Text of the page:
India has been a land of rich history and heritage Some of the prominent religion of the world grew here. Powerful dynasties and clans rules India time to time and left their mark on the heart of the country. Right from Mughals to Rajputs, and British to French, Portuguese, and Dutch, India has witness a wide panorama of history that has left its mark on the country's architecture, and bequeathed it some truly stunning landmarks. Here are what I consider the top half dozen:
Taj Mahal - Agra, Uttar Pradesh
I'm sure you were expecting this. The star of the classic Golden Triangle Tour of India and one of the seven wonders of the world is a mausoleum built over the span of 22 years in the 17th century. This monument was built by then Mughal rule Shah Jahan in the fondest memories of his beloved wife Mumtaz. The architecture of this monument see a mix of hindu and muslim architecture.
Up in the northeastern state of Bihar, this UNESCO World Heritage Site was an important Buddhist monastery and early form of university in an age - the 5th century CE to around 1200 BCE - when knowledge was highly restricted. Historians believe that Nalanda university had such a huge library that it took around three months to burn all of it, when it was set on fire by Turkic Muslim invaders around the turn of the 13th century.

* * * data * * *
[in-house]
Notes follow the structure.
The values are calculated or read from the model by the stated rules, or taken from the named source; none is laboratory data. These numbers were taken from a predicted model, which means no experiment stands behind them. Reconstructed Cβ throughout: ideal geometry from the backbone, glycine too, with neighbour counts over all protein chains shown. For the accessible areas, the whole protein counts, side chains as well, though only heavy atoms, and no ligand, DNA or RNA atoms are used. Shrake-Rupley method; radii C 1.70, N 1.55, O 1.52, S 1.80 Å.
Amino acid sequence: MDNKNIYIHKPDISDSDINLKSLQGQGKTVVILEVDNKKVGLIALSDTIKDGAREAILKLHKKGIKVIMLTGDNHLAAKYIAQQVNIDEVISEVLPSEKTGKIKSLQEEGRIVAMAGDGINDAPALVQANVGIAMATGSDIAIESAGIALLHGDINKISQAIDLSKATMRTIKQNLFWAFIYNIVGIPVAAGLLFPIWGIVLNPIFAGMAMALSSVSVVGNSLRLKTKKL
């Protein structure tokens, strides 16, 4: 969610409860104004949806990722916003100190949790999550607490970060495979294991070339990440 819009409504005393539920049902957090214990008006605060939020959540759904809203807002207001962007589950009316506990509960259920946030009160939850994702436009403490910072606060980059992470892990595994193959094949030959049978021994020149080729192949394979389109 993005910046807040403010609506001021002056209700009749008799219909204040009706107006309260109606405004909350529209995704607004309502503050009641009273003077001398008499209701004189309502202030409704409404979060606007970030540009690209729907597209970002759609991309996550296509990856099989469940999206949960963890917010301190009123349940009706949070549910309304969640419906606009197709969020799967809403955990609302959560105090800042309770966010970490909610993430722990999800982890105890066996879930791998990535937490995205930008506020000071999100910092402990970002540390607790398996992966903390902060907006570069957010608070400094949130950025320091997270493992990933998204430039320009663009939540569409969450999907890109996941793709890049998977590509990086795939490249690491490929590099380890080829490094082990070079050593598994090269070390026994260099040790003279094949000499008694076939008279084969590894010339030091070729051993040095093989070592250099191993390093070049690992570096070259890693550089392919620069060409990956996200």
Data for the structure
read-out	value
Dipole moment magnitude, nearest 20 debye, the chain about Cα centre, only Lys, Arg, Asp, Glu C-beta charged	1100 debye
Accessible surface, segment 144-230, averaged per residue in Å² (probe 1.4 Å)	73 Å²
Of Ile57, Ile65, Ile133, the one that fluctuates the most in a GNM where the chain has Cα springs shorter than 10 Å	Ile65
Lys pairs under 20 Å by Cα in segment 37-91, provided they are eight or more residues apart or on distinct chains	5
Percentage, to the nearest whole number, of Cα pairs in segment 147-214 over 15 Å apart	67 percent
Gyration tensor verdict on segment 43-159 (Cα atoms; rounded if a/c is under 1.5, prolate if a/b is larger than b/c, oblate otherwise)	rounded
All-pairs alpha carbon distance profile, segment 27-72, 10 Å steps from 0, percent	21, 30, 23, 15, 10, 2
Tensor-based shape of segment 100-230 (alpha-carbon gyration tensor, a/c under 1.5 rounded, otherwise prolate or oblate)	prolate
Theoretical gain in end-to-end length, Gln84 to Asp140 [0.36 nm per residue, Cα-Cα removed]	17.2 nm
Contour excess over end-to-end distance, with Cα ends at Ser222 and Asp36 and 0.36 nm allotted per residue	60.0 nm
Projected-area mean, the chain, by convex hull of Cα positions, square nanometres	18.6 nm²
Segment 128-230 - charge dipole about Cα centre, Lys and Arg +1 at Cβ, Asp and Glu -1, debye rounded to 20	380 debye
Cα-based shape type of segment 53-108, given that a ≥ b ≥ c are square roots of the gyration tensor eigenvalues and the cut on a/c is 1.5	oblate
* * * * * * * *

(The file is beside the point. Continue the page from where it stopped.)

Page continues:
In the far northeastern state of Arunachal Pradesh, bordering Bhutan and Tibet, Tawang Buddhist monastery is India's largest monastery (with a capacity of 700 monks) and also the largest active one in the world. Founded in 1680, it's spectacularly site at 10,000 feet above sea level and overlooking the Tawang River Valley.
Ruins of Vijaynagar Empire - Hampi, Karnataka
The Hindu Vijaynagar Empire ruled south India from the 14th through the mid-17th century, and this UNESCO World Heritage Site in Karnataka state was its capital. Highlights include the Vithala temple complex with its 56 "musical" pillars, which produce different sounds when struck, and the only still active temple, Virupaksha, dedicated to Lord Shiva.
Iron Pillar - New Delhi
In the southern part of India's capital, the Qubt Minar complex is a showcase of the medieval Islamic Delhi Sultanate, but also contains older elements, such as this this pillar, 7.2 meters high and 16 inches in diameter. Constructed under Chandragupta II, the most powerful emperor of the Hindu Gupta Empire in the 4th century and still completely intact, it bears a Sanskrit dedication to the god Vishnu.
In the state of Odisha on India's northeastern coast, the town of Konark is home to another UNESCO World Heritage Site, built around 1250 during the Eastern Ganga Dynasty. Dedicated to the Hindu sun god Surya what remains of the temple complex has the form of a 39-meter-high (100-foot) high chariot with horses and 24 wheels, each ten feet in diameter and all carved from stone. It remains a prominent pilgrimage spot for Hindus, especiallyfor the Chandrabhaga Mela each February.